Donald Trump's Child Care Plan Sounds Fine, But It Has One Glaring Flaw
As part of his ongoing efforts to prove, despite vast quantities of evidence to the contrary, that he not a sexist jerk who thinks of women as fat pigs, dogs, and bimbos, Republican presidential nominee Donald Trump has unveiled a new child care plan that he will supposedly enact if he is elected president. The plan actually does look like a step in the right direction, but it has a glaring flaw that reinforces Trump's sexist worldview—it omits fathers.
While giving a speech in Philadelphia on Tuesday evening, Trump revealed his proposal to make child care more affordable for Americans. His daughter Ivanka, a huge proponent of working women who spoke about the need for equal pay and more supportive policies for mothers at the Republican National Convention in July, stood behind her father as he spoke Tuesday night. And a lot about the plan is very good, or at least better than what the United States has now. Trump proposed guaranteeing six weeks of paid maternity leave for women whose jobs do not already provide it for them. He also proposed making child care tax deductible for couples earning under $500,000 each year, or individuals making less than $250,000. Sounds pretty decent, right?
But here's the flaw in the whole "more enlightened Trump" plan: his proposed six weeks of leave is only available for mothers, and not transferable to fathers.
After all, Trump never wanted to take care of his babies in that way, so why would any other men? When talking about having children with his wife Melania in a 2005 Howard Stern interview, Trump said, "I mean, I won’t do anything to take care of them. I’ll supply funds and she’ll take care of the kids. It’s not like I’m gonna be walking the kids down Central Park." (Heaven forbid a man take his children to a beautiful park! That sounds miserable!)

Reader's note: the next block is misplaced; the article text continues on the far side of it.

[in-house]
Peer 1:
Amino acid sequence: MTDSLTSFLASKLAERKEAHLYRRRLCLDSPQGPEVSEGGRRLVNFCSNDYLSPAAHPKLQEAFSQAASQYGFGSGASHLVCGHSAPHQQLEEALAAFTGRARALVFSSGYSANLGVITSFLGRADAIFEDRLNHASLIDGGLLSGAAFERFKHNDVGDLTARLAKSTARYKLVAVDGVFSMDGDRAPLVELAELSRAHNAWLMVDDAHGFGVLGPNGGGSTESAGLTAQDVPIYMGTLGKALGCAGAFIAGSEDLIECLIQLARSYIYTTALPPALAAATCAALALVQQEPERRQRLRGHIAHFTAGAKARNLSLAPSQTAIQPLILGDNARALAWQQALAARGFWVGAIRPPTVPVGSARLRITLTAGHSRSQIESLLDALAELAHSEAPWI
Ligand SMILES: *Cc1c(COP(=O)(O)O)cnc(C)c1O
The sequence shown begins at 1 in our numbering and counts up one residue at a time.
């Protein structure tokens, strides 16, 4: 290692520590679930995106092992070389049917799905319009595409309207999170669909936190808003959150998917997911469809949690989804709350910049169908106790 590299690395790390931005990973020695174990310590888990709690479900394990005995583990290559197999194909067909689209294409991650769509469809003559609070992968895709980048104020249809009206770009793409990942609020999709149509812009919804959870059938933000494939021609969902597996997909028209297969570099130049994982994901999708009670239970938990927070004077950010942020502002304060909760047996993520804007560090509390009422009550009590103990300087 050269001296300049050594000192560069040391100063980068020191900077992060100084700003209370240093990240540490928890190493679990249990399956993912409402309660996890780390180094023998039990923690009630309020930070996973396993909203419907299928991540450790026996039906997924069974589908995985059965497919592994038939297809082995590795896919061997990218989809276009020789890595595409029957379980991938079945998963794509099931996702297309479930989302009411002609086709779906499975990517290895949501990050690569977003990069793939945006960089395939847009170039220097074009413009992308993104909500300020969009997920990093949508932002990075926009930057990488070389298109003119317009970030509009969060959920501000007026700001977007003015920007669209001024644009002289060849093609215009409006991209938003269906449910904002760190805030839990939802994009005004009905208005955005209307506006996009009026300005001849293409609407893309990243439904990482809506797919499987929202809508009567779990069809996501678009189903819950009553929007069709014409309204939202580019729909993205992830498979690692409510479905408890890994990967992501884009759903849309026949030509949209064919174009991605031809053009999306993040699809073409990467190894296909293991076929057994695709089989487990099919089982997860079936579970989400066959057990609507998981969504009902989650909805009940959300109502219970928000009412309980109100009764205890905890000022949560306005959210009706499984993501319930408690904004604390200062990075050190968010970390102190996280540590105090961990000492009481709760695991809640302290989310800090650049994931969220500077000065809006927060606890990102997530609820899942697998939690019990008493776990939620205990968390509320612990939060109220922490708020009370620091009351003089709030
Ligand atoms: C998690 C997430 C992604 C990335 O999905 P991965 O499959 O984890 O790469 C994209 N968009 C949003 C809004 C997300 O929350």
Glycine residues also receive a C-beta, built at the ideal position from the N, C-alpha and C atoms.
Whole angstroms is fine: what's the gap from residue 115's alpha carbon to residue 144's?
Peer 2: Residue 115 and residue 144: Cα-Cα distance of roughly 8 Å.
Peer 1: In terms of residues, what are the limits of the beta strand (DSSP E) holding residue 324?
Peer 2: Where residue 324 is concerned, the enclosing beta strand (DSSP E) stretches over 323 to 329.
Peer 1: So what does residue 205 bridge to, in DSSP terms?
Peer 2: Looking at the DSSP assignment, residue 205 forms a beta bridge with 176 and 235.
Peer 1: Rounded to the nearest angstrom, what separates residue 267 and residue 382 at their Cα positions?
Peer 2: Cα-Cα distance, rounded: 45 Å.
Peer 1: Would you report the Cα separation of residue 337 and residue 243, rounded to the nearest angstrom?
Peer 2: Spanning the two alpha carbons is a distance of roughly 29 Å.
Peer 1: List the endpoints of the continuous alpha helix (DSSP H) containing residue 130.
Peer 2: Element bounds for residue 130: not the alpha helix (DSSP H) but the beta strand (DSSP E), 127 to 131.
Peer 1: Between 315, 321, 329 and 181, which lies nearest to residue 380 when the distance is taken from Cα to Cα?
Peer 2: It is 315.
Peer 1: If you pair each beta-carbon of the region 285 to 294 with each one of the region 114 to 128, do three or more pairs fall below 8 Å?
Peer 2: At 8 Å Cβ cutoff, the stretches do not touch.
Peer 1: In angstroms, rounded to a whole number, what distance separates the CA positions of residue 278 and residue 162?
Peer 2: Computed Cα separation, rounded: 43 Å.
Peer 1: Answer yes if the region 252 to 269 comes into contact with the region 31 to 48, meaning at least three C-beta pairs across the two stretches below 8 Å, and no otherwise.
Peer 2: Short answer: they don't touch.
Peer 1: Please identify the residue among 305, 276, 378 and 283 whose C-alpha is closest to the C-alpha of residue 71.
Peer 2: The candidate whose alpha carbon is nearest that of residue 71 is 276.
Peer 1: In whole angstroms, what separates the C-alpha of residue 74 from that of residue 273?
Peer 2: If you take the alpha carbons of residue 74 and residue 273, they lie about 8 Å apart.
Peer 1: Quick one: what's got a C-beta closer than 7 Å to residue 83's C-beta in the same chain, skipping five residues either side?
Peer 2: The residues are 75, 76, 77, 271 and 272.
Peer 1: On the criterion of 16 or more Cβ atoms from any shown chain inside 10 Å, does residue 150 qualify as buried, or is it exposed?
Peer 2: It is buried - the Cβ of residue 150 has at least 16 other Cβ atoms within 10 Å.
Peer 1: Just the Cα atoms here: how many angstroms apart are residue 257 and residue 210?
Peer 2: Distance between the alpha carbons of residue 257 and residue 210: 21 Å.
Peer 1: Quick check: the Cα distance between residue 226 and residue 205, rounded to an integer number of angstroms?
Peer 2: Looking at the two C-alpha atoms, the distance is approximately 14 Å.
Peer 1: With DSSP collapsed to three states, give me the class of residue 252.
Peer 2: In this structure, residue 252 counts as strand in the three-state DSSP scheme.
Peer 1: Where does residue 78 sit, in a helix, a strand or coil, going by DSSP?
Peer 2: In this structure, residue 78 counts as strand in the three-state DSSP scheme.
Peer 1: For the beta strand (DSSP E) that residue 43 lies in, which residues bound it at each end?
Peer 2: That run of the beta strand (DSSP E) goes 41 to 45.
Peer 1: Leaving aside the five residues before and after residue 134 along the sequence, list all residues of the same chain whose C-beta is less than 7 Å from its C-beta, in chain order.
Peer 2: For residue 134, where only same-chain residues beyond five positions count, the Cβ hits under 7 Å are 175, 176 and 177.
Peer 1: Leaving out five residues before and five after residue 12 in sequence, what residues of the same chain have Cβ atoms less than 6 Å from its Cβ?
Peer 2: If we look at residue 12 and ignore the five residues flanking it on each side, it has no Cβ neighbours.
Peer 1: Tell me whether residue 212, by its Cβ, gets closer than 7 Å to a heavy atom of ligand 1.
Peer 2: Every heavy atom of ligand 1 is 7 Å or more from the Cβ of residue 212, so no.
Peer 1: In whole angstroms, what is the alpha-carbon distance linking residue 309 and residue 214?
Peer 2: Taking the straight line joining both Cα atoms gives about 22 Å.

And when asked on The Anthony and Opie Show that same year about changing diapers, Trump said, "No, I don’t do that," continuing, "There’s a lot of women out there that demand that the husband act like the wife."
It's the same kind of attitude as dads who say they're "babysitting" when they take care of their children, and it makes me feel such flames on the side of my face.
Plenty of fathers do want to play a more active role in their children's lives, and this child care plan's refusal to make leave transferable is a big old middle finger in their faces (and those of women who would really like their male partners to share the parenting responsibilities).
Hillary Clinton's child care plan proposes 12 weeks of paid family leave, which includes mothers and fathers.